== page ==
This was my second time at this event, and it has definitely established itself as one of my favorite places to be. Not just because of the interesting panels, workshops, and keynote presentations, but because it tends to be a friendly, laid-back sort of thing, where everyone chats to everyone else, and new friends are made all the time. There is always lots of catching up to do with writer buddies I usually only see on social media, and time flies by all too quickly!

So, what were my highlights for 2017? To start with, this was my first time at a SCBWI event as a published author. I loved seeing Heart Blade up on the big screen with all the other attendee’s work, and it was great spotting it in the con bookstore.

This year, I attended several workshops on social media and marketing. Jess Keating encouraged us to brainstorm our platform with adjectives and images to get a feel for ourselves, and for the tone we want to set on social media. She urged us to think about who we are, rather than who we think we should be, and to remember: ‘you are the expert at being you’. Anika Denise suggested that an author platform is a stage where you connect with your audience, and reminded us that author platforms aren’t built in a day, nor should building them eclipse putting time and effort into the actual writing. For those who were unsure what to blog or tweet about, she suggested mining your book’s content for underlying themes you can dig into. Allison Moore showed us examples off her own Twitter feed, and reminded us (as did everyone lecturing about social media) that promoting your own book has to be something done in small and sporadic doses. To top it all off, Jen Malone gave us great tips on public speaking, and told us that “speakers who are real, honest and can share their passion have the greatest impact on their audience.”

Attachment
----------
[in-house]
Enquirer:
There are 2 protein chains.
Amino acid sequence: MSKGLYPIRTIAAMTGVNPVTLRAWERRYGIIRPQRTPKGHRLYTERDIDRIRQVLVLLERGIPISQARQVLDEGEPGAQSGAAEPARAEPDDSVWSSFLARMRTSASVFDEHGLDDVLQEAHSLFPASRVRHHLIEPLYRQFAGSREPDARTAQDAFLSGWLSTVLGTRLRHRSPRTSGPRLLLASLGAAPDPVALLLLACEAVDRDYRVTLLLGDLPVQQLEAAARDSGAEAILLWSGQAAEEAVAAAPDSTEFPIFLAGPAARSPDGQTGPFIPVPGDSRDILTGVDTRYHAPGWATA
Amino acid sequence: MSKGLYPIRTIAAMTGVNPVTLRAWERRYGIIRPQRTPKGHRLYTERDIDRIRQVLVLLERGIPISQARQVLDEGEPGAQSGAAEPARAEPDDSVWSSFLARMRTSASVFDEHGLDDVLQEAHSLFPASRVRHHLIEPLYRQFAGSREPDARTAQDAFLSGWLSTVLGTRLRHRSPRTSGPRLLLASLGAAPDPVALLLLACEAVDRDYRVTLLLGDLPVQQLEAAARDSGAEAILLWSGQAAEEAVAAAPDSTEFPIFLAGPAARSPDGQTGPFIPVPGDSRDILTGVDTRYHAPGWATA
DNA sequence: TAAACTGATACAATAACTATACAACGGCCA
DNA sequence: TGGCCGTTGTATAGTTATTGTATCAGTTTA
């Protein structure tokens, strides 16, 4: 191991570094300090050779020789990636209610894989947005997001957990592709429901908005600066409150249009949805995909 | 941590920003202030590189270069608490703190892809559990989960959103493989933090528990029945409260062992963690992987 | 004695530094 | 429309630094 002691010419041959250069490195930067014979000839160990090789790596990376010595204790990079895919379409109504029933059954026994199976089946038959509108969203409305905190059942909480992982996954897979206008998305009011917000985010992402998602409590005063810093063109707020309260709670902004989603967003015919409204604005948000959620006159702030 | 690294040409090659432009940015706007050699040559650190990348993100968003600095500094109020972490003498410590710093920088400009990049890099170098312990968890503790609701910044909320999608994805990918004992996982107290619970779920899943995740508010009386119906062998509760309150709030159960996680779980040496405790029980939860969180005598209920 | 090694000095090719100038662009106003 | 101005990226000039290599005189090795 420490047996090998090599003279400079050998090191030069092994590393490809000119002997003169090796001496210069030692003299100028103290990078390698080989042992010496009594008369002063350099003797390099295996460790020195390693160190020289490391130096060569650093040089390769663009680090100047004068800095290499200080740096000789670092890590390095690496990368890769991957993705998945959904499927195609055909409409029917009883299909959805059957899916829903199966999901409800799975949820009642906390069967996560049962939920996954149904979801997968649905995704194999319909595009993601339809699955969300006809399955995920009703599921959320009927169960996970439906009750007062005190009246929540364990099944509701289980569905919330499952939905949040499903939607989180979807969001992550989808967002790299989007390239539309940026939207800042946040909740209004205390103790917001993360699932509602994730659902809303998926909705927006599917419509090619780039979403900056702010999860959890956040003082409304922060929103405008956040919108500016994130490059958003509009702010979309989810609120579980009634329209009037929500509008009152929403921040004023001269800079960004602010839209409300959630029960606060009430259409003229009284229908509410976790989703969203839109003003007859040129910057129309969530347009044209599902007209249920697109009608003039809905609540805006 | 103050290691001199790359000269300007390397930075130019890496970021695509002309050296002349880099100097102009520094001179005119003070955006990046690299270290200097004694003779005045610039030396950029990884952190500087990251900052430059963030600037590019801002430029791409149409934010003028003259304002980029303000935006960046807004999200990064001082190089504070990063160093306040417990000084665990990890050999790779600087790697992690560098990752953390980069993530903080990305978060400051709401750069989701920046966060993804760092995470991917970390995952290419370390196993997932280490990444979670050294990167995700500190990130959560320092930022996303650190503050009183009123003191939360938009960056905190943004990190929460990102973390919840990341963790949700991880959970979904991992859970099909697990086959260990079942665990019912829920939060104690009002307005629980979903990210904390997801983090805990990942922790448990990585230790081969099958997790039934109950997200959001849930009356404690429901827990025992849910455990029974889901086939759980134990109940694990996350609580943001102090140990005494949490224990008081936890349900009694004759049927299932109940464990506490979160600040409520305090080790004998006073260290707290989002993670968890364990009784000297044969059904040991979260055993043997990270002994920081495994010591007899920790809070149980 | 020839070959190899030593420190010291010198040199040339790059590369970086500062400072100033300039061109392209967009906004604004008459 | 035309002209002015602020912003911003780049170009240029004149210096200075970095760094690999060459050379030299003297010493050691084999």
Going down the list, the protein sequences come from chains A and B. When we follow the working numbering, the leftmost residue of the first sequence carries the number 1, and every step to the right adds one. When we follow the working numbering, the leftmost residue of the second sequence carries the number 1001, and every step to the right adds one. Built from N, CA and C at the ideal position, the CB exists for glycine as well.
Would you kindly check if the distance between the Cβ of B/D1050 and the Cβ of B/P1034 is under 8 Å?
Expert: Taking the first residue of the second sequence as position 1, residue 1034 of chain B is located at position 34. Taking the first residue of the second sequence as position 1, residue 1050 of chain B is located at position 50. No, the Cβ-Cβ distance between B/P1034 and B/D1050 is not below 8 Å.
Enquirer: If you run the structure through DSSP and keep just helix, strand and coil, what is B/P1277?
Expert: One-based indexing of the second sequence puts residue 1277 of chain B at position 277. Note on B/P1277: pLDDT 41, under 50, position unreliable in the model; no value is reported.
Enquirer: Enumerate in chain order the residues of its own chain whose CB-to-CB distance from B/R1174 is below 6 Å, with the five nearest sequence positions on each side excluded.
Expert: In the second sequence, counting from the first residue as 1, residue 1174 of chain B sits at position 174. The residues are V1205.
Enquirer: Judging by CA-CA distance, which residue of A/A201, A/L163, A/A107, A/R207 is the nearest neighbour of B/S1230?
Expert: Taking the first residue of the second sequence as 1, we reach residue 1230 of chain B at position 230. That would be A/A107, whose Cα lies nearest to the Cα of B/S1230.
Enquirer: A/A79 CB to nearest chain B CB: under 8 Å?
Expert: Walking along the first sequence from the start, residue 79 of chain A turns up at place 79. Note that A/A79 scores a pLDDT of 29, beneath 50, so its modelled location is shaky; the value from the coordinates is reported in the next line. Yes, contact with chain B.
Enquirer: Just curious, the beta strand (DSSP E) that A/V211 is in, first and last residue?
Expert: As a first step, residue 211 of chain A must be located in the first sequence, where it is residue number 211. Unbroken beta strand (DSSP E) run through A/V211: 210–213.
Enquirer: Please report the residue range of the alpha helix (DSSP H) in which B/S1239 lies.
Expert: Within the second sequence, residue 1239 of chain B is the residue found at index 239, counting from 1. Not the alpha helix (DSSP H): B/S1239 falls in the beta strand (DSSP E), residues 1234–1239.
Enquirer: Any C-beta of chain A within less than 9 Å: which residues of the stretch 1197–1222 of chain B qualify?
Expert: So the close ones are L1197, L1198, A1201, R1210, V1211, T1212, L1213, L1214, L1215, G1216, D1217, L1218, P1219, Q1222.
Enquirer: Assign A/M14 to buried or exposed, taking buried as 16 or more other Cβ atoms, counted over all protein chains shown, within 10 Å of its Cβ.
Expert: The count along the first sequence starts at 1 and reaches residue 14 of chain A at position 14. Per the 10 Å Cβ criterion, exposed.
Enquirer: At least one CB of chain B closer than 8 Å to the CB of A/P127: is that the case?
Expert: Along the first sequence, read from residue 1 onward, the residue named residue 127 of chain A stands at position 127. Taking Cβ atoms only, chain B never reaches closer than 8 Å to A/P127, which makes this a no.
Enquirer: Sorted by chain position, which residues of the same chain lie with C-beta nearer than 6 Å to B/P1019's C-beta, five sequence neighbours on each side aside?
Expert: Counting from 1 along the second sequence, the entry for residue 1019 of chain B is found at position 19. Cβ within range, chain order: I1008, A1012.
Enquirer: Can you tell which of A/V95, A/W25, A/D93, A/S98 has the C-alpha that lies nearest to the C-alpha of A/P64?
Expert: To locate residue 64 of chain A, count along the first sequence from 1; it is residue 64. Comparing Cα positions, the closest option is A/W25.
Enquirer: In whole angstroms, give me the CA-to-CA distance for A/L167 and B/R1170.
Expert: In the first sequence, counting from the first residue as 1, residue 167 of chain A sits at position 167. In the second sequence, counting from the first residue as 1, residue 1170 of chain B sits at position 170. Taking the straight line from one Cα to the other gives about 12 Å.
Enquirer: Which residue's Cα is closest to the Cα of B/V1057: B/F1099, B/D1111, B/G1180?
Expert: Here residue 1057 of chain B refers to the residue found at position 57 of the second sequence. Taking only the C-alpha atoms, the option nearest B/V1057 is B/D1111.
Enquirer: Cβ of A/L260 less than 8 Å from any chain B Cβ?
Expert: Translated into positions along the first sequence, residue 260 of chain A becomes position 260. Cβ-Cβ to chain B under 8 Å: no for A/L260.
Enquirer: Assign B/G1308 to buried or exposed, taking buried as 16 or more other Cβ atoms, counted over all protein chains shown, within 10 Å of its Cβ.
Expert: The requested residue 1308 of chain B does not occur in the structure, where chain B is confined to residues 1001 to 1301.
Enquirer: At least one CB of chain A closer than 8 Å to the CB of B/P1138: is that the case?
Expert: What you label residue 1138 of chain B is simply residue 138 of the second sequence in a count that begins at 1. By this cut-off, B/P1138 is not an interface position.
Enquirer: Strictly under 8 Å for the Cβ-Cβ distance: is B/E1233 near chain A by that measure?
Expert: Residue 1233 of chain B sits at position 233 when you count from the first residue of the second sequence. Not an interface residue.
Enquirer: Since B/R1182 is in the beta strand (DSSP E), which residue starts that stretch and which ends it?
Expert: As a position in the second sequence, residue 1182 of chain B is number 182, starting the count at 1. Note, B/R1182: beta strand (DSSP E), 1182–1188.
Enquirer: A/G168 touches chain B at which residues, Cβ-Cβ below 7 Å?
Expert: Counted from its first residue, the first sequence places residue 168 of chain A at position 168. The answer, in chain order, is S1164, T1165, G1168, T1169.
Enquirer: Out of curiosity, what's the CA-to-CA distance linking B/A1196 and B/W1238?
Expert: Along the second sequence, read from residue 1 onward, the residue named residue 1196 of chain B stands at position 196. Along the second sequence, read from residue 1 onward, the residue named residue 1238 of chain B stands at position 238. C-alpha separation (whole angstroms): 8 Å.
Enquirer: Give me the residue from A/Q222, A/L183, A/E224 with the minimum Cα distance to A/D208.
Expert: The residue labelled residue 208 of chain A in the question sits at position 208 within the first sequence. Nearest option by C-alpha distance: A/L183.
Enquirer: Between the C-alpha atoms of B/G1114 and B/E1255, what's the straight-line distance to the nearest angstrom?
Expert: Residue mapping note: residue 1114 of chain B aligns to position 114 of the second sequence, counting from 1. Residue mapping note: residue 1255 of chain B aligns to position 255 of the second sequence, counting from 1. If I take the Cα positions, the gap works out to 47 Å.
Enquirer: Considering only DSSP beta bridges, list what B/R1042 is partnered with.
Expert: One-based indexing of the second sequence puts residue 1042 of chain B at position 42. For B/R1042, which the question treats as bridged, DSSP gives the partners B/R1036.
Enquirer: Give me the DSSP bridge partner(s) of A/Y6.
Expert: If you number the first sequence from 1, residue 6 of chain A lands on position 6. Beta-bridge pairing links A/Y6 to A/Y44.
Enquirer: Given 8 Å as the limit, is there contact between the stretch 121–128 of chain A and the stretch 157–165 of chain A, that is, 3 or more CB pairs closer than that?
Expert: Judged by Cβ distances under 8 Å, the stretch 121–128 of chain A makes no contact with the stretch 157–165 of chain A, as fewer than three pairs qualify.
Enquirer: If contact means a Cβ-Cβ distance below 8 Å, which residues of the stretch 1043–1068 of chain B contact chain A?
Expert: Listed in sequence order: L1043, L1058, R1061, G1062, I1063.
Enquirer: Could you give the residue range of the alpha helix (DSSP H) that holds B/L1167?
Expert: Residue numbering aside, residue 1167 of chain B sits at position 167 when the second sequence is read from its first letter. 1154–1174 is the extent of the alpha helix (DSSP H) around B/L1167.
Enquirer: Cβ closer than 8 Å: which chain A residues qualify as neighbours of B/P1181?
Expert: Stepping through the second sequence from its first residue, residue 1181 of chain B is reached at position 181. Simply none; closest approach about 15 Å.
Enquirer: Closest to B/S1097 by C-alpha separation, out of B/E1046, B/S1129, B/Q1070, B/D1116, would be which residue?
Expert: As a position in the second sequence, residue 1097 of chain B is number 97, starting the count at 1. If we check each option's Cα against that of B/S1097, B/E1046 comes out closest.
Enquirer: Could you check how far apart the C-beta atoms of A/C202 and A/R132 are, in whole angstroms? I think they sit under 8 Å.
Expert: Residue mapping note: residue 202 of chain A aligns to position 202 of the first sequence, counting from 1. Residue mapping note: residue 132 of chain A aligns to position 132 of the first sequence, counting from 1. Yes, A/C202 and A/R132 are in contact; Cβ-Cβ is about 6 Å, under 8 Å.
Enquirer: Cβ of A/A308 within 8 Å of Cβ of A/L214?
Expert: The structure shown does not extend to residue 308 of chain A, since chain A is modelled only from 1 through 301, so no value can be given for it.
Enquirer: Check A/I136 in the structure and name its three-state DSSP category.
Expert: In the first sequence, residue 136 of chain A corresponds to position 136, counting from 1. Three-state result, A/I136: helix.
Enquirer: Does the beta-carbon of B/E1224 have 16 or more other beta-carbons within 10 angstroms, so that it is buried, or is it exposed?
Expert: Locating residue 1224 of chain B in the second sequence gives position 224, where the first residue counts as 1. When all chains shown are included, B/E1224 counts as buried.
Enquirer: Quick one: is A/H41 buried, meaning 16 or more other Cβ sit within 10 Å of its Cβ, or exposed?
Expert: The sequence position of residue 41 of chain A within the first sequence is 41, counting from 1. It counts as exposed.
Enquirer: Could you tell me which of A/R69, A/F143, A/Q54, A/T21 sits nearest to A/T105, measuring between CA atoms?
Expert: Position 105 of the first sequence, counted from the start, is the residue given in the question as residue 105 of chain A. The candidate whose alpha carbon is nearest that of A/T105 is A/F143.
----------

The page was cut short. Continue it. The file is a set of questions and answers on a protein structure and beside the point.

One of my favorite workshops this year was Dana Meachen Rau on injecting characters with emotion, something I find my plot-focused brain often struggles with. She reminded us that plot elements are great, but without emotion, who cares? The plot provides the external story arc, but emotion provides the internal story arc, and becomes the engine that moves your character forward. When a reader reads a book, they go on the same emotional journey as the character, and it is this shared experience that makes a story unforgettable.

For a fun learning experience, Friday night brought Pitchapalooza, the now-traditional event hosted by The Book Doctors, Arielle Eckstut and David Henry Sterry. Names were drawn, and contenders got to pitch their story for a minute, on the clock. Then a panel of agents and editors critiqued each attempt, explaining in a positive manner what worked, and what didn’t.

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The crowd at Pitchapalooza

There were three amazing keynote talks, by authors Barry Lyga and Jane Yolen, and author/illustrator Melissa Sweet, who had the prettiest PowerPoint presentation I’ve ever seen. Jane urged us to “listen to the work, not the fears”, a sentiment I think all writers can relate to on the dark days. On the writing the rainbow panel, Kevin Lewis reminded the audience that we should always endeavor to create environments in our work that ‘are as diverse as the world we live in.’

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Jane Yolen inspires us over breakfast

I headed home on Sunday happy and exhausted, bearing pages and pages of notes, a pile of business cards and bookmarks from people I want to keep in touch with, and a ton of fresh inspiration to give my work a much-needed boost. Thank you to all the hard-working volunteers at the NESCBWI for putting together a great event, and see you next year!

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Relaxing on Sunday evening with peppermint tea and Melissa Sweet’s biography of E.B. White